# Mathematically determine ways to empty a box of toys

Consider a box with $$n \geq 2$$ toys. We can empty it by removing two, three or four toys. How many different ways can we do this, if order matters (i.e. taking out 2, 3, then 2 toys is different from taking out 3, 2, then 2 toys)?

Obviously, this problem can be solved programmatically by iterating through all possible arrangements for two, three, or four removals, selecting only the ones that take out all the toys, and counting permutations as we do in the MISSISSIPPI problem.

Is there a more elegant mathematical solution?

• OEIS A013979 Commented Mar 14, 2021 at 1:56
• Something like $0.36347969198357 \times 1.46557123187677^n + \frac{(-1)^n}{3}$ seems not far away Commented Mar 14, 2021 at 2:10
• This is exactly what I was interested in... Thanks! Commented Mar 14, 2021 at 5:02

## 1 Answer

Let $$a_n$$ be the number of ways to empty the box of $$n$$ toys. Suppose that $$n\ge 5$$. If we first remove $$2$$ toys, there are $$a_{n-2}$$ ways to finish emptying the box. If we first remove $$3$$ toys, there are $$a_{n-3}$$ ways to finish emptying the box. And if we first remove $$4$$ toys, there are $$a_{n-4}$$ ways to finish emptying the box. Thus,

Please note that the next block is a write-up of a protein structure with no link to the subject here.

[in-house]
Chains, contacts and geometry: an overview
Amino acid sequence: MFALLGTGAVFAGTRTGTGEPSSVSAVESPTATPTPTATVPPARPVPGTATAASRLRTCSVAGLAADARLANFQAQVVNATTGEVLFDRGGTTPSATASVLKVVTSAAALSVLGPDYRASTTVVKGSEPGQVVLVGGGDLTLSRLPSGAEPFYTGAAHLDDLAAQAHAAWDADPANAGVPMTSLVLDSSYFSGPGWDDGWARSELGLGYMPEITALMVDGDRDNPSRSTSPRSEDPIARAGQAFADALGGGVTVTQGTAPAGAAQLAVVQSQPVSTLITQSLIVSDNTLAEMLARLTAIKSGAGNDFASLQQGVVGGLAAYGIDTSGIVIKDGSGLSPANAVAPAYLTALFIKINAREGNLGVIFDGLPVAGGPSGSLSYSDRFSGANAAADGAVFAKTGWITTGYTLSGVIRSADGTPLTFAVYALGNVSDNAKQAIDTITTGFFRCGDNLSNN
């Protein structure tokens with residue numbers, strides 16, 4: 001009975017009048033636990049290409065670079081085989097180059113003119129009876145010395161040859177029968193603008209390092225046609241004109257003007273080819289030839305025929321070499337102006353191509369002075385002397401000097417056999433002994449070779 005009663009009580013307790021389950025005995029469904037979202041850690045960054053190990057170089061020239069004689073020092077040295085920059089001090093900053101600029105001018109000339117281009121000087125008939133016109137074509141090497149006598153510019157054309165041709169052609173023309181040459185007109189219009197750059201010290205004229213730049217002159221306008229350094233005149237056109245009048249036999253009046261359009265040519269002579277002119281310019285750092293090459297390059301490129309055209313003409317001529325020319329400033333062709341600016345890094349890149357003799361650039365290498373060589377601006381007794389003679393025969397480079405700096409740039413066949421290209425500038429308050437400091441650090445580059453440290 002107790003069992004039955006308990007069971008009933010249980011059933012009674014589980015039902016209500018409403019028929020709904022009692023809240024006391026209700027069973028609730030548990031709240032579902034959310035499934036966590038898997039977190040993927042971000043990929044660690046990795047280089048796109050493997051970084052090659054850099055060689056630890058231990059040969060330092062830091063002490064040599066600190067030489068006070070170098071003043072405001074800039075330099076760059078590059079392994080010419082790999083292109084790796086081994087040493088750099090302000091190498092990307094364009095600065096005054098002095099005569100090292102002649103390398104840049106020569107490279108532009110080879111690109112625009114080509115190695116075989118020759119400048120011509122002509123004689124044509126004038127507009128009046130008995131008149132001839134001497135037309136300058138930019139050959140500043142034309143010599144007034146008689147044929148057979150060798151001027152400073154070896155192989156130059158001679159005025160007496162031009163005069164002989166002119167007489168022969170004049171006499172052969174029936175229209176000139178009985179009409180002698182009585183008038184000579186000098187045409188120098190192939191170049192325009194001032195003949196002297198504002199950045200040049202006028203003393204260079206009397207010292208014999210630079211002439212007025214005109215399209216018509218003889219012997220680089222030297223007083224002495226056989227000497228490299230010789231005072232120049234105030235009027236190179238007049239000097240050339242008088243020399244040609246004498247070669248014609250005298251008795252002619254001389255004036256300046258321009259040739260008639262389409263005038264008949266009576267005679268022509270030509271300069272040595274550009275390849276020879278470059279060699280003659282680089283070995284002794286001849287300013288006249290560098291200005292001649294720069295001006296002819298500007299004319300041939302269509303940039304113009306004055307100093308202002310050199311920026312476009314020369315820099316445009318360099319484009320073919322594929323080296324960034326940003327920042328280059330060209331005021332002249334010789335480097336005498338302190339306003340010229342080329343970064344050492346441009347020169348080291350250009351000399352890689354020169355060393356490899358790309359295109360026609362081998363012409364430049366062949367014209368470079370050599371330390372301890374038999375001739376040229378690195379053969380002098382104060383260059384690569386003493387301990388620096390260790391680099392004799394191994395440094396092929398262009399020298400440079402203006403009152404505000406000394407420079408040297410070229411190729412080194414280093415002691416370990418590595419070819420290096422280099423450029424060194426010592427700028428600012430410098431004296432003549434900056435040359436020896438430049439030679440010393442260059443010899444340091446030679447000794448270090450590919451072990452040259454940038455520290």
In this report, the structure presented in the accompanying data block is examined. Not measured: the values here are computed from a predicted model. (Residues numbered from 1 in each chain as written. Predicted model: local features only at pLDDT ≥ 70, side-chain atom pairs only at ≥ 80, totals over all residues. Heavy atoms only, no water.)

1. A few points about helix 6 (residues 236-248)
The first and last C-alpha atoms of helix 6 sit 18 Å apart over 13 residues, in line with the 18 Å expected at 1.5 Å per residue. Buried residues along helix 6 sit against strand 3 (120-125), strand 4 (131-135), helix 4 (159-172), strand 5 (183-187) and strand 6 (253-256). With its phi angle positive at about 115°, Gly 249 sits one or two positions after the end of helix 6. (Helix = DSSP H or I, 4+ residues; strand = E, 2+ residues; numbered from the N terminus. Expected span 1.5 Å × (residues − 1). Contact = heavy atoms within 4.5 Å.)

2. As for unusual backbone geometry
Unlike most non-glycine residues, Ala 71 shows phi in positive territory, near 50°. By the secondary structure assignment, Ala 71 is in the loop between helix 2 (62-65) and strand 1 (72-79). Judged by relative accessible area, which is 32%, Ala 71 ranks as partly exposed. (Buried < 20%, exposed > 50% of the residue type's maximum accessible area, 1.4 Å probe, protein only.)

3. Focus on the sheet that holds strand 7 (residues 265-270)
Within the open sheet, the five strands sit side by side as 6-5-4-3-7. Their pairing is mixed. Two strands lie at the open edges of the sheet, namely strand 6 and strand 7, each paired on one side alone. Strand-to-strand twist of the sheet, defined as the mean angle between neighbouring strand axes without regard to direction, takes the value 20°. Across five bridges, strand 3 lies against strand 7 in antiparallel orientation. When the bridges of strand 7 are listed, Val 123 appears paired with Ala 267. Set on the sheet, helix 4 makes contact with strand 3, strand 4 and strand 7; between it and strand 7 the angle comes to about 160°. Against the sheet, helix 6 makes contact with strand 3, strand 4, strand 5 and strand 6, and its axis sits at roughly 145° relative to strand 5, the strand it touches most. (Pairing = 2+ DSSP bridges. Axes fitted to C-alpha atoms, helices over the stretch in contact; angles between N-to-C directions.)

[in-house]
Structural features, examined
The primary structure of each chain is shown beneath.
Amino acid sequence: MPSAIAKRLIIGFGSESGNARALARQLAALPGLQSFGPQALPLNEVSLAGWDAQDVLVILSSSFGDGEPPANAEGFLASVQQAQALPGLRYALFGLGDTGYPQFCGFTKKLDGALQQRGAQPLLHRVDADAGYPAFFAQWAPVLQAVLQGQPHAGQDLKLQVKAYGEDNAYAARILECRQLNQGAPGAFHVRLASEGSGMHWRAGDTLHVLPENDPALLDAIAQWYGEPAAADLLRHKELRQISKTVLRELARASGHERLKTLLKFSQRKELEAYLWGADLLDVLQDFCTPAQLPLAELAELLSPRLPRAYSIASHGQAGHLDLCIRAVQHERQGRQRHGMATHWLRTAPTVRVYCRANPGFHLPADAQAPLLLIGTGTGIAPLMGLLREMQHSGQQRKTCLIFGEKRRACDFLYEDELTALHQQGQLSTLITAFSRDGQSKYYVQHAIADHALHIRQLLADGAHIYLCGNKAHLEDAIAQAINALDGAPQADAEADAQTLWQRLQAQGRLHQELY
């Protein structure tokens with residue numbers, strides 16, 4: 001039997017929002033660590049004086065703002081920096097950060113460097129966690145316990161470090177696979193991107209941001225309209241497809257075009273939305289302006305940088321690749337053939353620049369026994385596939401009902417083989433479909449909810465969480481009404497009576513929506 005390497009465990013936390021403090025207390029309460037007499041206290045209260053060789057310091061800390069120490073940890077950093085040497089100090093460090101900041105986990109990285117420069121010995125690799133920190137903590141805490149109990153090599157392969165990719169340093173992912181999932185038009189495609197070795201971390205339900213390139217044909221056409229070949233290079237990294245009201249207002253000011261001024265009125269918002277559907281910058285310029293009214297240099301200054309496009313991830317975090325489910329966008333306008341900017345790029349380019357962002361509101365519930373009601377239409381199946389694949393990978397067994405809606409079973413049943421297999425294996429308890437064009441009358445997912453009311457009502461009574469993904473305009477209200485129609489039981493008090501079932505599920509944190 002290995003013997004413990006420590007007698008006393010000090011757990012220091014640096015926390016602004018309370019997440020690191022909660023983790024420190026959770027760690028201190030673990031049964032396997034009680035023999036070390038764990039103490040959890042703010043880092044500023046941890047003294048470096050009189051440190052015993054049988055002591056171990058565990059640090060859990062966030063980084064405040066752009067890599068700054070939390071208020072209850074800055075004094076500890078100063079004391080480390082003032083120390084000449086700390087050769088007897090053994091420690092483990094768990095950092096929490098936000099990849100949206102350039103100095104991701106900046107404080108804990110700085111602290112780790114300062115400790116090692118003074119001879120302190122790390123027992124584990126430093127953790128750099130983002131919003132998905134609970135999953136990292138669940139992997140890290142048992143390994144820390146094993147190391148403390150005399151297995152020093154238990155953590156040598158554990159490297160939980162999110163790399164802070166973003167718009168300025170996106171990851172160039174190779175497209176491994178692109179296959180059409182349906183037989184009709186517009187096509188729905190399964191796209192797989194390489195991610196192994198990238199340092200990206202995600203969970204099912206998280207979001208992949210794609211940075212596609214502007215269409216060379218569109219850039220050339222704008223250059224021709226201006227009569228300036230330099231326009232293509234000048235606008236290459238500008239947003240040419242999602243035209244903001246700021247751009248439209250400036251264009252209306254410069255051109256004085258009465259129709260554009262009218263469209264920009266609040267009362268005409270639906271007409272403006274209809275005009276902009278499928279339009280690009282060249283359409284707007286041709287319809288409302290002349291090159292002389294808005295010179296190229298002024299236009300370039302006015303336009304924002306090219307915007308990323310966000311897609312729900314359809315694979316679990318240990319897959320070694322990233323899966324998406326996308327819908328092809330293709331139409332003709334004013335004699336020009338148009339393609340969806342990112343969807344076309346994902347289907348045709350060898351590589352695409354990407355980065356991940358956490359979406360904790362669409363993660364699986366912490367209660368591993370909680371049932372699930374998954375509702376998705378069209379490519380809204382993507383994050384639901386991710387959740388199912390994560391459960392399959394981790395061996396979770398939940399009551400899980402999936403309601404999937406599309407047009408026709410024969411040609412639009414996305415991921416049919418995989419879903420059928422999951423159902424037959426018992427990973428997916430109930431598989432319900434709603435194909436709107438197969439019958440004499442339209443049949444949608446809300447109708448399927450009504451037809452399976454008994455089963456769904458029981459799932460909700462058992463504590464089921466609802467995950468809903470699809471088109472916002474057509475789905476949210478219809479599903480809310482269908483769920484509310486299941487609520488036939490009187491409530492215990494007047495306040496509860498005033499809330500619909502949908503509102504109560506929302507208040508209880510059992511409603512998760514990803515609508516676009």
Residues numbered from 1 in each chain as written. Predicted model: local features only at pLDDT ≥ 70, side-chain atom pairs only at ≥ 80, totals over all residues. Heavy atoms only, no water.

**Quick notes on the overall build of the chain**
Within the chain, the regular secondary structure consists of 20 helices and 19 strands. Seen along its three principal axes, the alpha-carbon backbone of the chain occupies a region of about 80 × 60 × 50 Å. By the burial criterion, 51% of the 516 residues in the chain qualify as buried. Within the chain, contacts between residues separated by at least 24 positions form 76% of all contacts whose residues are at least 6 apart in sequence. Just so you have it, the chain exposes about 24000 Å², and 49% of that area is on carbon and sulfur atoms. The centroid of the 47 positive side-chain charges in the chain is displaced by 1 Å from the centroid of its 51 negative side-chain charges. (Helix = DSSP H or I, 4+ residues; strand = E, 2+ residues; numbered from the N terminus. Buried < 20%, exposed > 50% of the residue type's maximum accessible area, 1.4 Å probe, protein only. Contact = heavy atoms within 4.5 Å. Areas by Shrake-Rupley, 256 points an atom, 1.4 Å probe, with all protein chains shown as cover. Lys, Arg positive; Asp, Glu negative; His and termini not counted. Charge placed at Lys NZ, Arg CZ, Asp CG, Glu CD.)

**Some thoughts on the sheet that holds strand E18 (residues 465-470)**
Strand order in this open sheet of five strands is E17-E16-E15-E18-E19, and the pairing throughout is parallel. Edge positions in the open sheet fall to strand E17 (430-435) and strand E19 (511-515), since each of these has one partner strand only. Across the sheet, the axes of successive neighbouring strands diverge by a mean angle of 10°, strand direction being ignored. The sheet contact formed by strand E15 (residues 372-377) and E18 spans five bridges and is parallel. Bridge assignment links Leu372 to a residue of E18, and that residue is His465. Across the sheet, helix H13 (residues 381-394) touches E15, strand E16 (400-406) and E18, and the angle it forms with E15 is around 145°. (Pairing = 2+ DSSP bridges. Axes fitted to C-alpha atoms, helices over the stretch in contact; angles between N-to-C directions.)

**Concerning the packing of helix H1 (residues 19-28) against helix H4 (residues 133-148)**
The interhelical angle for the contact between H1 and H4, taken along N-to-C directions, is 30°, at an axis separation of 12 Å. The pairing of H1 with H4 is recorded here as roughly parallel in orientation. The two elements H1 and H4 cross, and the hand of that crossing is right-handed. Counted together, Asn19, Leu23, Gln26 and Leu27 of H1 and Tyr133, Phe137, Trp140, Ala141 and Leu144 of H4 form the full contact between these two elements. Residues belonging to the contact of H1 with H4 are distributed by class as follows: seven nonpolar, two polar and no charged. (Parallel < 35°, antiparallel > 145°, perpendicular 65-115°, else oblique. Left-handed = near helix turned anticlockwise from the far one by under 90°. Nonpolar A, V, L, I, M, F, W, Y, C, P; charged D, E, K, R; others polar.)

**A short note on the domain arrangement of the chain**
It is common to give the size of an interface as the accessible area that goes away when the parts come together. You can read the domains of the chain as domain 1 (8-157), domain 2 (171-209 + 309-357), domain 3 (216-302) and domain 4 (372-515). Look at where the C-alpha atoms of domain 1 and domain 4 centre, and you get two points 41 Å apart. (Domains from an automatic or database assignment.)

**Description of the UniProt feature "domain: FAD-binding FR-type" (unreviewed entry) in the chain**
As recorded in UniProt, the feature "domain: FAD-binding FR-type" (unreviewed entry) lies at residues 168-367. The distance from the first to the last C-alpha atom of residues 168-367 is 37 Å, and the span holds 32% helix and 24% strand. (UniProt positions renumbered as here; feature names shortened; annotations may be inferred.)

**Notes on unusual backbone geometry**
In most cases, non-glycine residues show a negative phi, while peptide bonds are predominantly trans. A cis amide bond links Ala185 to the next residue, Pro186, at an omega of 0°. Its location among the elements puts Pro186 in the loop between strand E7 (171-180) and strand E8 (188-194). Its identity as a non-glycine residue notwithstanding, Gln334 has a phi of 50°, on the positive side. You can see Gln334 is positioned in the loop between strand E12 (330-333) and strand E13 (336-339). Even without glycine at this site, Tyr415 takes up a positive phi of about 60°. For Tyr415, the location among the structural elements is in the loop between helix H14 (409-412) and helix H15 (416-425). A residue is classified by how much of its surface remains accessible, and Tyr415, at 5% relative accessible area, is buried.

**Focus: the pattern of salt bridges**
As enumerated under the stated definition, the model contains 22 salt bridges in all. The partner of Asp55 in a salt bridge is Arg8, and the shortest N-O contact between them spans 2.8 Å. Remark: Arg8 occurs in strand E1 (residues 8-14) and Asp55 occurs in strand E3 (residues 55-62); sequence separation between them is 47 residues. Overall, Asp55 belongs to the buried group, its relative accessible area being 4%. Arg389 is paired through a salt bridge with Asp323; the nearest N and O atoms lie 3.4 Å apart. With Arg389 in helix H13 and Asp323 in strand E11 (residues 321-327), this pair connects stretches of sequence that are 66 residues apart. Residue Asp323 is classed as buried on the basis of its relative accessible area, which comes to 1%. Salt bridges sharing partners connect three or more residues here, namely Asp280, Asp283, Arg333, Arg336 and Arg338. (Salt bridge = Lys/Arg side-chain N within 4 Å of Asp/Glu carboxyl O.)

$$a_n=a_{n-2}+a_{n-3}+a_{n-4}\tag{1}$$

for $$n\ge 5$$. In fact, the recurrence $$(1)$$ is valid for $$n\ge 4$$ if we set $$a_0=1$$. (This actually makes some sense: if $$n=0$$ we empty the box in one ‘move’ by removing nothing at all.) Solving for a closed form is going to be messy, since it will require factoring a quartic, but the recurrence itself makes it easy to calculate $$a_n$$ efficiently for reasonable values of $$n$$.

• If $n=0$ then you can empty it in $0$ moves, but there is only $1$ way of doing so and here we are counting the ways so $a_0=1$. If you also say $a_n=0$ for $n<0$, as there is no way of getting to empty then your recurrence (1) is valid for $n>0$ Commented Mar 14, 2021 at 1:51